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Discussion Starter · #1 ·
Hello All. I am new to the forums but we have owned our 2013 sienna SE for six years now. I searched the site and could not find anything about what I would like to do. I know from the factory the brake light and tail light (the lights on the hatch) do NOT light up together. The design on the SE lights looks like both brake and tail lights should turn on together. I spent an hour this afternoon fiddling with the blue wires (power for brake lights) and the brown wires (power for the tail lights). How do I rewire it so brake lights and tail lights turn on when the brake pedal is pressed?
 

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I am thinking you will run into issues when you turn on your running lights and may backfeed into the brake light circuit if you do this.
MIL on. P0606 code. Not sure if it is worth it in the end.

Just my $0.02
 

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Discussion Starter · #3 ·
I am thinking you will run into issues when you turn on your running lights and may backfeed into the brake light circuit if you do this.
MIL on. P0606 code. Not sure if it is worth it in the end.

Just my $0.02
Yeah … the best I could get was with the running lights off, brake lights and tail lights. HOORAY! With the running/driving lights on, the brake lights are on … all the time. Sigh.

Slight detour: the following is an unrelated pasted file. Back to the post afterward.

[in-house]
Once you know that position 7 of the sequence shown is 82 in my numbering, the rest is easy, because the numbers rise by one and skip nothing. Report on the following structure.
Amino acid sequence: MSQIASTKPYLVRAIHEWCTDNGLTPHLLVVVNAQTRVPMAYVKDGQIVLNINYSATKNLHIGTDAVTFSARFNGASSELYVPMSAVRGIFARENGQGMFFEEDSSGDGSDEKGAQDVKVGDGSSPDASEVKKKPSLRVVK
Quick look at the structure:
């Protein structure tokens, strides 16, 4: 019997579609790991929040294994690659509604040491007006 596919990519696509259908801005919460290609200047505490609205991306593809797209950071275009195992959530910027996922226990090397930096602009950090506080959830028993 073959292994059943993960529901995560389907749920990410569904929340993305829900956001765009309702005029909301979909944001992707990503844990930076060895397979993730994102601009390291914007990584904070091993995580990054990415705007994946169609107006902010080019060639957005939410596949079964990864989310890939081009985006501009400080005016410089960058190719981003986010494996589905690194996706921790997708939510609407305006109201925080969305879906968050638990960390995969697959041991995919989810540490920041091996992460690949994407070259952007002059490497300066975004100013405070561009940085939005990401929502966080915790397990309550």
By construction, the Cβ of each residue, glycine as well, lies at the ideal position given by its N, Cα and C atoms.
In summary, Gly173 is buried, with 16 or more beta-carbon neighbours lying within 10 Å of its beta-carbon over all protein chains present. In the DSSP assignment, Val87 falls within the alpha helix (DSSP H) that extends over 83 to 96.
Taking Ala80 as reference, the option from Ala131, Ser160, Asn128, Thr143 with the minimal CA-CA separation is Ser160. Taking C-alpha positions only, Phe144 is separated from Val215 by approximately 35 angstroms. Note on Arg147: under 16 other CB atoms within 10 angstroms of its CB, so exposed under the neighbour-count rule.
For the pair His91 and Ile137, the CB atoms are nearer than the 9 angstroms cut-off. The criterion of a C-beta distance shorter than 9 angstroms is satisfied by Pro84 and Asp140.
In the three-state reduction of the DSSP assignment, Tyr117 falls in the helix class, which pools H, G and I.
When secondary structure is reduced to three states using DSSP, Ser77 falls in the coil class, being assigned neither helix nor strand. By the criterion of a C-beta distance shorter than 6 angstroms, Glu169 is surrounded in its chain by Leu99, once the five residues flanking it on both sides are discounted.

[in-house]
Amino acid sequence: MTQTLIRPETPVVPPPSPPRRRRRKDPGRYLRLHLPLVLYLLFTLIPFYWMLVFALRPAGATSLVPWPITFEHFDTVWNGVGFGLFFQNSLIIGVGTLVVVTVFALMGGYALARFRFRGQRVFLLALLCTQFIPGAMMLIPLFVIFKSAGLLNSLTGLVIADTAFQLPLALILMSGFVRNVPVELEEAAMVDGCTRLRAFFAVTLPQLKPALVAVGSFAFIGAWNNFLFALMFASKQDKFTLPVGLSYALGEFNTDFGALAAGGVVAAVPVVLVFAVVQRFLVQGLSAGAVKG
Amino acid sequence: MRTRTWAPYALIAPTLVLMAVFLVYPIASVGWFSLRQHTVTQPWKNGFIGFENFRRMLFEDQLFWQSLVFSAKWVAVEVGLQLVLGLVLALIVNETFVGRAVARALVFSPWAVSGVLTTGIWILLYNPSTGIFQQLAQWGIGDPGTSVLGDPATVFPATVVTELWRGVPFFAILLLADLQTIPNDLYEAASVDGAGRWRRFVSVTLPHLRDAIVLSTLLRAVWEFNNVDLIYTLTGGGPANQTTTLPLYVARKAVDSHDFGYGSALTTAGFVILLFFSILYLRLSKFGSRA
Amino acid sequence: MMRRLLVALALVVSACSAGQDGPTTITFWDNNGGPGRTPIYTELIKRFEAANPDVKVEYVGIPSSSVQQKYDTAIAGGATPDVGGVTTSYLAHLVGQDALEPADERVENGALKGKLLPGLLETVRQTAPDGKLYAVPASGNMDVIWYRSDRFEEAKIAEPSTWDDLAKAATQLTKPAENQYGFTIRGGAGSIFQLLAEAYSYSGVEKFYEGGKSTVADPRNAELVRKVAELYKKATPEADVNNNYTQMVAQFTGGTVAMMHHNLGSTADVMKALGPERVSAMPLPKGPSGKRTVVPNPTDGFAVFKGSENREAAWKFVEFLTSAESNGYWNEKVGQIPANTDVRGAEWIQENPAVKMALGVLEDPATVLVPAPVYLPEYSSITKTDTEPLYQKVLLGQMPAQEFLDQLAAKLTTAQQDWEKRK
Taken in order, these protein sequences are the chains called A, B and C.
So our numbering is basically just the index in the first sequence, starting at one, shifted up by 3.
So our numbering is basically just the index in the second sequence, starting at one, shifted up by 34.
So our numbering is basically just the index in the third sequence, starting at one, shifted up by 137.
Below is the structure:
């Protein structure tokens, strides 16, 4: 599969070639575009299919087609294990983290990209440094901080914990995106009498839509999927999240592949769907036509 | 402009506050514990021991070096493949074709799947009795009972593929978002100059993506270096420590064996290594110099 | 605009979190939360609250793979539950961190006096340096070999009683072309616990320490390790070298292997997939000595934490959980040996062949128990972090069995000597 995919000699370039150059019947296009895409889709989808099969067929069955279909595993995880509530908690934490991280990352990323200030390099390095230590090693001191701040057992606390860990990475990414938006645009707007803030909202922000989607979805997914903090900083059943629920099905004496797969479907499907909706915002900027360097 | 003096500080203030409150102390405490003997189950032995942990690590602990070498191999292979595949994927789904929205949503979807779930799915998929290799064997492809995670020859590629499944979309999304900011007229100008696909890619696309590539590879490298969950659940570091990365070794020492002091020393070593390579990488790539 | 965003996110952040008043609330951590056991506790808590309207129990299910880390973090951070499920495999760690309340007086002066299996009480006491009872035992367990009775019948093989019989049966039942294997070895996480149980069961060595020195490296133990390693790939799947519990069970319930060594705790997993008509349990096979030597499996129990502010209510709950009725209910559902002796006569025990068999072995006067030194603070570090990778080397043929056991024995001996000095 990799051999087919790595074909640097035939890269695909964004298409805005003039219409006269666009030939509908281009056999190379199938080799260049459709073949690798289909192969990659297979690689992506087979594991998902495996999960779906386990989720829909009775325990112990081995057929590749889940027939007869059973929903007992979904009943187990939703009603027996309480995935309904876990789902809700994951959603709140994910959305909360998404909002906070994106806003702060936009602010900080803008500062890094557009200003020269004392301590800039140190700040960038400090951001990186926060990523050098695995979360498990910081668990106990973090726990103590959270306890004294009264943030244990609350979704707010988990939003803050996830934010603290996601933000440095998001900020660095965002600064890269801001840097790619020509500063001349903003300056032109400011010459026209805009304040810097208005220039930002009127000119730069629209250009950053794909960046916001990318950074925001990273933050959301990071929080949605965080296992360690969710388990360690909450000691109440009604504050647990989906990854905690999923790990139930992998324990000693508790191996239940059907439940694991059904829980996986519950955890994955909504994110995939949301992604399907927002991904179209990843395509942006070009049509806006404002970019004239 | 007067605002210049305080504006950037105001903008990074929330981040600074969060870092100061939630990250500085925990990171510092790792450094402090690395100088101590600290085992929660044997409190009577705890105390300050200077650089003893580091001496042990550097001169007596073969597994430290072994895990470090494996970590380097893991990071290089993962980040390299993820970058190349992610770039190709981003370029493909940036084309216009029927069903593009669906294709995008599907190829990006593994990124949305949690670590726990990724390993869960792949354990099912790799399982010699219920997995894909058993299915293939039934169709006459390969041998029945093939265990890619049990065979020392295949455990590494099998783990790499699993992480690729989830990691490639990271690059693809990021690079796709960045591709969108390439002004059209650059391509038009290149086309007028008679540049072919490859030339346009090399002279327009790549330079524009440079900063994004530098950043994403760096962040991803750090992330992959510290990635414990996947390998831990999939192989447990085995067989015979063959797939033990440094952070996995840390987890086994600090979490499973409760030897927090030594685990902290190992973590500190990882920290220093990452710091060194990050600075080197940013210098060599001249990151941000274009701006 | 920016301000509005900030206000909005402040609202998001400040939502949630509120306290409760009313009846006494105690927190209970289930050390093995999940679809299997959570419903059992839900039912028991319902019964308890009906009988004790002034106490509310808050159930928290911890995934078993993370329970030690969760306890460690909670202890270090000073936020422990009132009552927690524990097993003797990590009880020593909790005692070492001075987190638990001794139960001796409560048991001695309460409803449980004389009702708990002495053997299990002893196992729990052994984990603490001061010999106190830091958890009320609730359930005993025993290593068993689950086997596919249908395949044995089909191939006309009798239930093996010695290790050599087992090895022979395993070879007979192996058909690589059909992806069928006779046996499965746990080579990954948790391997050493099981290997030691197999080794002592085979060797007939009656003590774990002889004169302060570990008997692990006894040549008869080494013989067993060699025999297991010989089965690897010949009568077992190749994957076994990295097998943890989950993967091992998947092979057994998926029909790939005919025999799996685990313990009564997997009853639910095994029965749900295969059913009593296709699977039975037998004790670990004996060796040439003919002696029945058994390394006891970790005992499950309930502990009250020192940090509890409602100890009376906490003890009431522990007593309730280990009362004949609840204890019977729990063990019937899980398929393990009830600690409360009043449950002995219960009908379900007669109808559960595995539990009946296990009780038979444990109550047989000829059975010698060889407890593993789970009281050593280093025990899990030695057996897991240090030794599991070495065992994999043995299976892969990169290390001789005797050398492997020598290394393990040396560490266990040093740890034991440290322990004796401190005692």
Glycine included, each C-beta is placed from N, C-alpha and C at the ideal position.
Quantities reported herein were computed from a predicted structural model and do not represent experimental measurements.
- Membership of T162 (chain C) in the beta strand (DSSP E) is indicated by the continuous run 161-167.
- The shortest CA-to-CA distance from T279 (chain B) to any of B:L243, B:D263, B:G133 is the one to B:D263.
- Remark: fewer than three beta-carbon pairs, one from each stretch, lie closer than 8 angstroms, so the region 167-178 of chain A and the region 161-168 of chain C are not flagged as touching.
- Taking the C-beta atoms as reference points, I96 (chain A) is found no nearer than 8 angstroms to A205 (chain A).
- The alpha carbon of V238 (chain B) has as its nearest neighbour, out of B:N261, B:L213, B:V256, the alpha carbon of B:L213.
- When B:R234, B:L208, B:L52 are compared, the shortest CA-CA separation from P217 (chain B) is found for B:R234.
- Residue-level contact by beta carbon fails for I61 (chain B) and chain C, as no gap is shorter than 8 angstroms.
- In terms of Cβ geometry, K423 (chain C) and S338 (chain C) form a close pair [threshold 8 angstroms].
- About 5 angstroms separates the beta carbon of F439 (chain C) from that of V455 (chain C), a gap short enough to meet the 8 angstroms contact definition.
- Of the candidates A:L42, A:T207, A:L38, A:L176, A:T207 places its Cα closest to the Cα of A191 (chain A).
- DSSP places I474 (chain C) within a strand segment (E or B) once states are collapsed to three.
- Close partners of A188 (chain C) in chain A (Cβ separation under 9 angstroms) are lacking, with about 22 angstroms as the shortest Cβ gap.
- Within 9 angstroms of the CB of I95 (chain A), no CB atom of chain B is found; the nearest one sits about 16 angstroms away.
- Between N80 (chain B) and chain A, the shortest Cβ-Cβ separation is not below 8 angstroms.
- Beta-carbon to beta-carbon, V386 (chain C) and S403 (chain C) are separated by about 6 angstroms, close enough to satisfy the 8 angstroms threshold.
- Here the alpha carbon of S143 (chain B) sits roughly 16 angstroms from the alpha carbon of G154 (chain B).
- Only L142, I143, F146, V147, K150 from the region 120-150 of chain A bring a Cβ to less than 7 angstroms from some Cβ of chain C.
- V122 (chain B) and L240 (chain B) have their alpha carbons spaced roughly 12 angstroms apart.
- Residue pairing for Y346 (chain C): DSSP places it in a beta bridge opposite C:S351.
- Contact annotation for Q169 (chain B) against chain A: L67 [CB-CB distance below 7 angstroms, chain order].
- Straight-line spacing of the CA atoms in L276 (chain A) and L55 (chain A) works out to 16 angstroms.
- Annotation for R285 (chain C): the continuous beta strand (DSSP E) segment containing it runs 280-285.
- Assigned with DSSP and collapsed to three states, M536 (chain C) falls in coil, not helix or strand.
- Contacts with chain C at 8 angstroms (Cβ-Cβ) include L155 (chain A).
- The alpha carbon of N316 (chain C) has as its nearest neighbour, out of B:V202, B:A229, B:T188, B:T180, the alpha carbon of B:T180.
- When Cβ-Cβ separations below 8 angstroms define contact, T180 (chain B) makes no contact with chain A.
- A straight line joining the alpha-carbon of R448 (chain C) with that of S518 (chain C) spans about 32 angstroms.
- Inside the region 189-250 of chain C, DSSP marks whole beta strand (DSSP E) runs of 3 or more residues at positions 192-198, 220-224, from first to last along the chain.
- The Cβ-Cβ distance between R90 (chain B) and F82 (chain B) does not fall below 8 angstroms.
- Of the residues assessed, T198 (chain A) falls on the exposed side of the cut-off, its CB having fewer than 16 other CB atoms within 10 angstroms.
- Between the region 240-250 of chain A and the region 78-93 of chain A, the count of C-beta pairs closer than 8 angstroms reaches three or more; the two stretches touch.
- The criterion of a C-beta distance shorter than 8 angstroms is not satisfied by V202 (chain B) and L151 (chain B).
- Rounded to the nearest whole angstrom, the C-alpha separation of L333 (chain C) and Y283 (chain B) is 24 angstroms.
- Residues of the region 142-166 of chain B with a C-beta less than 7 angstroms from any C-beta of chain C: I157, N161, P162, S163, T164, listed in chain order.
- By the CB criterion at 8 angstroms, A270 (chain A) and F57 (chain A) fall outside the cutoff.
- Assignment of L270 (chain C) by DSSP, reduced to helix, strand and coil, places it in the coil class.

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A diode should keep the tail circuit from backfeeding that brake light.
Two diode are needed, and the hatch taillights can be used as stop lights.
Slope Font Parallel Handwriting Rectangle

The diode from the stop to taillights will let the taillights light up when the stop lights are pressed, but keep the taillights from back feeding and turning on the stop lights.

The diode before the tail lights will let the taillights function as taillights, and keep the stop lights from back feeding and turning on all the the rest of the running lights in the van (corner markers, front parking lights).

I believe this is what the OP wants. I couldn’t sleep so I was browsing threads and found this.

However, I’m not sure how useful this will be. The hatch taillights aren’t very visible in the daytime, and this setup won’t let them get brighter at night when they are already running as taillights and you press the brake.

Also to be noted is the wire gauge of the stop lights is very small, as they drive LEDs. The hatch taillights are halogen. However, they are only 5 W bulbs so this likely isn’t an issue.

The diodes will make the taillights slightly dimmer, probably imperceptibly so, but this is due to the voltage drop diodes have of 0.7 volts for a standard diode. Schottky diodes could be used for a lower voltage drop of approximately 0.2 volts.